INTERESTING results from a Covid-19 research study of children at summer camps in one of Spain’s landmark cities.
CHILDREN and teenagers attending 22 summer camps in Barcelona were monitored in recent months as part of a study to determine the level of contagion compared to the general population
The study tracked 1,900 of those in attendance of the camps and results showed that contagion rates were up to six times lower.
In what has been the biggest study of transmission data among children and teenagers, researchers did point out that despite the study also trying to determine how schools would be impacted when they return, that all of the summer camps’ carried out the majority of their activities in the open air, unlike regular school classes.
The groups were also limited to 10 children rather than the class sizes of 20, which has been established for the upcoming school year.
Over a five weeks period a group of hospital personnel travelled to the camp every week to collect saliva samples for a PCR test.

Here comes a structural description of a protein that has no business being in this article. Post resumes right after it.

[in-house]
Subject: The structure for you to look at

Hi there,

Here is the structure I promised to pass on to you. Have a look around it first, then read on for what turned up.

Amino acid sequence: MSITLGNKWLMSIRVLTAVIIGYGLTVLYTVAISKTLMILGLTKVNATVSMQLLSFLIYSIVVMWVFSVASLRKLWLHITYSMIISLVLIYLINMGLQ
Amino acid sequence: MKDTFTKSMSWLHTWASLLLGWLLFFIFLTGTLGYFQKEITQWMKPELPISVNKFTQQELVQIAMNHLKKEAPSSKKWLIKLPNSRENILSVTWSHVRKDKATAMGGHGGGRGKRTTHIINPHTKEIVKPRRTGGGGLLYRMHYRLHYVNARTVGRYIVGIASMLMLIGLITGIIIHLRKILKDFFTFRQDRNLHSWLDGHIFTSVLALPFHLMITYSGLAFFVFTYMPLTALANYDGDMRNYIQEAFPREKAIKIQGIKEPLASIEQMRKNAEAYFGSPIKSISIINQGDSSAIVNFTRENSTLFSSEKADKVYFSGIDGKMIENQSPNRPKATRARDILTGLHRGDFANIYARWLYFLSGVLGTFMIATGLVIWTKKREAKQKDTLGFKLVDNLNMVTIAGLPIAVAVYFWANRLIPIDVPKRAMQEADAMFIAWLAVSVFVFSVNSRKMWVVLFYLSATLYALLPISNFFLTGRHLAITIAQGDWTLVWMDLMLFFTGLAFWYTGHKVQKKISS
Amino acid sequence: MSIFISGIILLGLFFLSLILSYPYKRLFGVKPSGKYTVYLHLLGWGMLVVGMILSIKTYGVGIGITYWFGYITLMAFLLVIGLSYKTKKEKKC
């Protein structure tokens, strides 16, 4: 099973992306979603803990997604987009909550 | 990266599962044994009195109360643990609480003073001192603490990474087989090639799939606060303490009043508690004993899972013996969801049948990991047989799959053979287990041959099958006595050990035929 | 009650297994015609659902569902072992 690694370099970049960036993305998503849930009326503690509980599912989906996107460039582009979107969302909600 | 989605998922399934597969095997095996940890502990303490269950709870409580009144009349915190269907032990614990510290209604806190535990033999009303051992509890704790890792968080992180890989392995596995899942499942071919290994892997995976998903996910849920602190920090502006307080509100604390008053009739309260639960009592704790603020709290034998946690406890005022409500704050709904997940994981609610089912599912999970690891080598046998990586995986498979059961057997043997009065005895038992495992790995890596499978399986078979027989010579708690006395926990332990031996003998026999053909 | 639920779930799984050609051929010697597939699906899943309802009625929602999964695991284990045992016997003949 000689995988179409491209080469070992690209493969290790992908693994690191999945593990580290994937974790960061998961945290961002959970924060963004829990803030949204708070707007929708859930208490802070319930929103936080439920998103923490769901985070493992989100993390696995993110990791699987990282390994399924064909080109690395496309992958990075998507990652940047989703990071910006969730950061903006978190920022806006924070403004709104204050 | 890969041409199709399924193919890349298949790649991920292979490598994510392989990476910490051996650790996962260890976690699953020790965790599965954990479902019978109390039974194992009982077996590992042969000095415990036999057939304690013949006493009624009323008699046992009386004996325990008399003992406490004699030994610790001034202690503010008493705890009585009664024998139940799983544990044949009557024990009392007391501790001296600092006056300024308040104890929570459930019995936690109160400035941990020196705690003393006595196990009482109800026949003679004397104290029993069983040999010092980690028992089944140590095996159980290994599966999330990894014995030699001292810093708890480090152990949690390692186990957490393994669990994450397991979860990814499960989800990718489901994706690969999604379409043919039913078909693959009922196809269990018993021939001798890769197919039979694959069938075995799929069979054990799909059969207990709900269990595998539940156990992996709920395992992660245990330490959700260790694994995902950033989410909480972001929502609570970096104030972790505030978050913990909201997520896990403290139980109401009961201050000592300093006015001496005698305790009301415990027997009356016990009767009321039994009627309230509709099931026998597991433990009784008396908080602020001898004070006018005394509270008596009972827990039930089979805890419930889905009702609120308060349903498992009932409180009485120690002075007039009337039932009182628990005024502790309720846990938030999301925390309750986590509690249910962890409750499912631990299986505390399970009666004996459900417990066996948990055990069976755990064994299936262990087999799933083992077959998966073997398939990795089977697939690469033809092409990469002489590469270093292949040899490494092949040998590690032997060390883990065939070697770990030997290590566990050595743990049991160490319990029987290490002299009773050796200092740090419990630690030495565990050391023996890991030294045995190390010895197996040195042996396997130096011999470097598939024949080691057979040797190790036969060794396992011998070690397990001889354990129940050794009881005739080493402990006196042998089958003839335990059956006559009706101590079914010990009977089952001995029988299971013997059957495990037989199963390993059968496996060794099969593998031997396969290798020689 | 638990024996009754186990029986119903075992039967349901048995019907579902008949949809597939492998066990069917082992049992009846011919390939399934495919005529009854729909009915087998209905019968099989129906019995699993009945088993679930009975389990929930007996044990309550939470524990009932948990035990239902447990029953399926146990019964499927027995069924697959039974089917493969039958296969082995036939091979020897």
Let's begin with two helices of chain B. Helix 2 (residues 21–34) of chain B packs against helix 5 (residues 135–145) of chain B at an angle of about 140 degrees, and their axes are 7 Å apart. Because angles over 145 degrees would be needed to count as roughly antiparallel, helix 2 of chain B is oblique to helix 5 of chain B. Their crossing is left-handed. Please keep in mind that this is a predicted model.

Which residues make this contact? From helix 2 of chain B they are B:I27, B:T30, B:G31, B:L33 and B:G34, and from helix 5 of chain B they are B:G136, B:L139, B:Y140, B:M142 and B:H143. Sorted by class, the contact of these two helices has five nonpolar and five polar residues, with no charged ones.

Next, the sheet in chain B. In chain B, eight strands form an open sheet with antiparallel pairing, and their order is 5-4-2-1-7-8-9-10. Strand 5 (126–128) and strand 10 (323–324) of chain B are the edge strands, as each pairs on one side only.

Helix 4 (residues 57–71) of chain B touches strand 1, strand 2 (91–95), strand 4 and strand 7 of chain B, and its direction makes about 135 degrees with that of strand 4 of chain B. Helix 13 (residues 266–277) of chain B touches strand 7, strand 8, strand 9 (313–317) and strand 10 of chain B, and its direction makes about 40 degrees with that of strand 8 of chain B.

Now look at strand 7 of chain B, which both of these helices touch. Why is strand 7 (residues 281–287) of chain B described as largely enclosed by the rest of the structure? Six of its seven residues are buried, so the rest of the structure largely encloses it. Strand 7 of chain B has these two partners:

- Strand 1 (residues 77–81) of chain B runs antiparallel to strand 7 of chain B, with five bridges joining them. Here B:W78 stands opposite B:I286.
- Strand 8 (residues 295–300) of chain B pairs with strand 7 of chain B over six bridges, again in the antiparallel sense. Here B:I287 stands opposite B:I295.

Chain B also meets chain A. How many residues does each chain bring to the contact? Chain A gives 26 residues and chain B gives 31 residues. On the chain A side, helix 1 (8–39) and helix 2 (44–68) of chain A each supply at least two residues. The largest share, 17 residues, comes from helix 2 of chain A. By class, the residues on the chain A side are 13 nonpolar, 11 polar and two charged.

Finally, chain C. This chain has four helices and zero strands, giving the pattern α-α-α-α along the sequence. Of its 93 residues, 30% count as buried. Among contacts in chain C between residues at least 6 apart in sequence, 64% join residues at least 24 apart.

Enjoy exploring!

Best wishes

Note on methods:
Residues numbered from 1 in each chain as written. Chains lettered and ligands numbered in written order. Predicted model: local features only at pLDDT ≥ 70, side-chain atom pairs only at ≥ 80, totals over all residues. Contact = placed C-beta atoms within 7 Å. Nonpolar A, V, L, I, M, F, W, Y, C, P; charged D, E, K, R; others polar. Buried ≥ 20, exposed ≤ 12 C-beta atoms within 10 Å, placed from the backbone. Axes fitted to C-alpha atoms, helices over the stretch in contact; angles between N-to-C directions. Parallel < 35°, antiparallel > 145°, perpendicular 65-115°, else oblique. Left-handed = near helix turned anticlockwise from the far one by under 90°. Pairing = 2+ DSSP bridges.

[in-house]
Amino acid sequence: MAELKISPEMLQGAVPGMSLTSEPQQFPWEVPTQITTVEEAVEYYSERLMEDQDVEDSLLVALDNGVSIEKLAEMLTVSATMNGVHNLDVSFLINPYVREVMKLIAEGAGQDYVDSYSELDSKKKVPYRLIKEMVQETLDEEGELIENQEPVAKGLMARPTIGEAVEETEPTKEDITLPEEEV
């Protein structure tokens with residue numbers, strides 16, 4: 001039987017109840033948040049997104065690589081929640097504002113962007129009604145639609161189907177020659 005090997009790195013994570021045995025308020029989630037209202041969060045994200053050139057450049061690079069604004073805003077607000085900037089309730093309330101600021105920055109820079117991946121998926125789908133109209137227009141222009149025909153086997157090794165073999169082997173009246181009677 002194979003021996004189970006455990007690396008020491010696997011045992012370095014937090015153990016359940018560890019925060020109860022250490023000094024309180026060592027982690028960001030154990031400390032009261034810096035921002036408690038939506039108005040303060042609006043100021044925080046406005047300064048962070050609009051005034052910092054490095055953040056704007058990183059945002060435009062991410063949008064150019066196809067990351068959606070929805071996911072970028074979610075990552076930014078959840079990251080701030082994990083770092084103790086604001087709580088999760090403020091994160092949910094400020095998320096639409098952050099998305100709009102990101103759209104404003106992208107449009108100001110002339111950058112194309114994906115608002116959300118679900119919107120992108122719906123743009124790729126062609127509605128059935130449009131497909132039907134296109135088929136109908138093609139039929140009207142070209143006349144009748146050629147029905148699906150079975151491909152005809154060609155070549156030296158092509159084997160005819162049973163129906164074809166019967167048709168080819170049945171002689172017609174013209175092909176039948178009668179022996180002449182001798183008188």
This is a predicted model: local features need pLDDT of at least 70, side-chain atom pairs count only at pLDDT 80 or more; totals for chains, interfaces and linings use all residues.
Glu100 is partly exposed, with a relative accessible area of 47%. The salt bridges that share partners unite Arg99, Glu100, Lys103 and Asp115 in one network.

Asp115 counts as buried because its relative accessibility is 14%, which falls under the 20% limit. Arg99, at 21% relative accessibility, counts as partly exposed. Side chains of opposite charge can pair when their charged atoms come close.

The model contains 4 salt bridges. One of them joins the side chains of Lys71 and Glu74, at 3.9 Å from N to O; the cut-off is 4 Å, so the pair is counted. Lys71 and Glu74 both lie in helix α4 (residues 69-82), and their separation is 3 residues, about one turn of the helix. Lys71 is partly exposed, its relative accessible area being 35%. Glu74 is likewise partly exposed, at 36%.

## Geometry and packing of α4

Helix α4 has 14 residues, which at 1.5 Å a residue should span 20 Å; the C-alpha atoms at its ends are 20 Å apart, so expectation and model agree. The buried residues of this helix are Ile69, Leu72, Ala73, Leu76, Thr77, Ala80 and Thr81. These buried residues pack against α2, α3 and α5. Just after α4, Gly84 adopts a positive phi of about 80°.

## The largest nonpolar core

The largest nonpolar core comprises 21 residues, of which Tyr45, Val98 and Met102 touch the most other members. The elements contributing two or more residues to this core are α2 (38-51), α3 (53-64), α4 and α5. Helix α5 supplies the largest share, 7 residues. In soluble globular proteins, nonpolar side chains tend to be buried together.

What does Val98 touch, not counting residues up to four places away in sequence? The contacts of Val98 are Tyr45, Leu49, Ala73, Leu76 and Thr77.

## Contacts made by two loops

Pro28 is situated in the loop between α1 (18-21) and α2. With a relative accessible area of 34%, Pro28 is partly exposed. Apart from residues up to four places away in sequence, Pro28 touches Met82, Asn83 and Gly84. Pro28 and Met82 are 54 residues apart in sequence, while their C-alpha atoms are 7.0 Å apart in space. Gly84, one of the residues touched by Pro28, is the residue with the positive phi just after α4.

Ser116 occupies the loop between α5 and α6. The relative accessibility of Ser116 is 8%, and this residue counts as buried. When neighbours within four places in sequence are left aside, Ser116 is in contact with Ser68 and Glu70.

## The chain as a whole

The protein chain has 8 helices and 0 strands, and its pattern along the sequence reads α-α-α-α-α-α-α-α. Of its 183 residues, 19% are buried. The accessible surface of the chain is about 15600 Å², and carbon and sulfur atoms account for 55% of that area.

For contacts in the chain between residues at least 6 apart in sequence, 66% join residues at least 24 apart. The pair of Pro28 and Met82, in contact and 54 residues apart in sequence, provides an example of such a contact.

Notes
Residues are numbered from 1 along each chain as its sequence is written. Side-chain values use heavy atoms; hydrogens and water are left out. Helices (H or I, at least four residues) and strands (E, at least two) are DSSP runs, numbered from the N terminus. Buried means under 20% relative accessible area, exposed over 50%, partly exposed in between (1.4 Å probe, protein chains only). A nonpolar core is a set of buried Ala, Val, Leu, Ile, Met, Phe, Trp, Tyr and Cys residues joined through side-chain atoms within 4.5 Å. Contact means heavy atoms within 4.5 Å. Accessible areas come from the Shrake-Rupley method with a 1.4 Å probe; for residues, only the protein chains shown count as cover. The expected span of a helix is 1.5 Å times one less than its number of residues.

“For the five weeks that the investigation lasted, we were able to detect 39 newly appeared index cases,” of which 30 were found in children, Iolanda Jordan, the head researcher, explained. “These children had 253 contacts, who were boys and girls from their respective cohabitation groups. From these, there were only 12 contagions, which is 4.7 per cent and an R reproduction rate of 0.3. This is a low R number, six times lower than the one that we have found among the general population, which ranges from 1.7 to 2,” Jordan added, in reference to the same neighbourhoods in which the summer camps were taking place.
Another significant discovery, Jordan continued, is that “children under the age of 12 have the same transmission capacity as those aged 13 to 17.”
Jordan explained, “this data give us some clues ahead of the reopening of schools.”
She concluded by adding, “if we do things with a series of strategies, the impact of opening schools will probably be low [on the general incidence of the virus] and we will be able to open them safely and with transmission rates that are as low as possible.”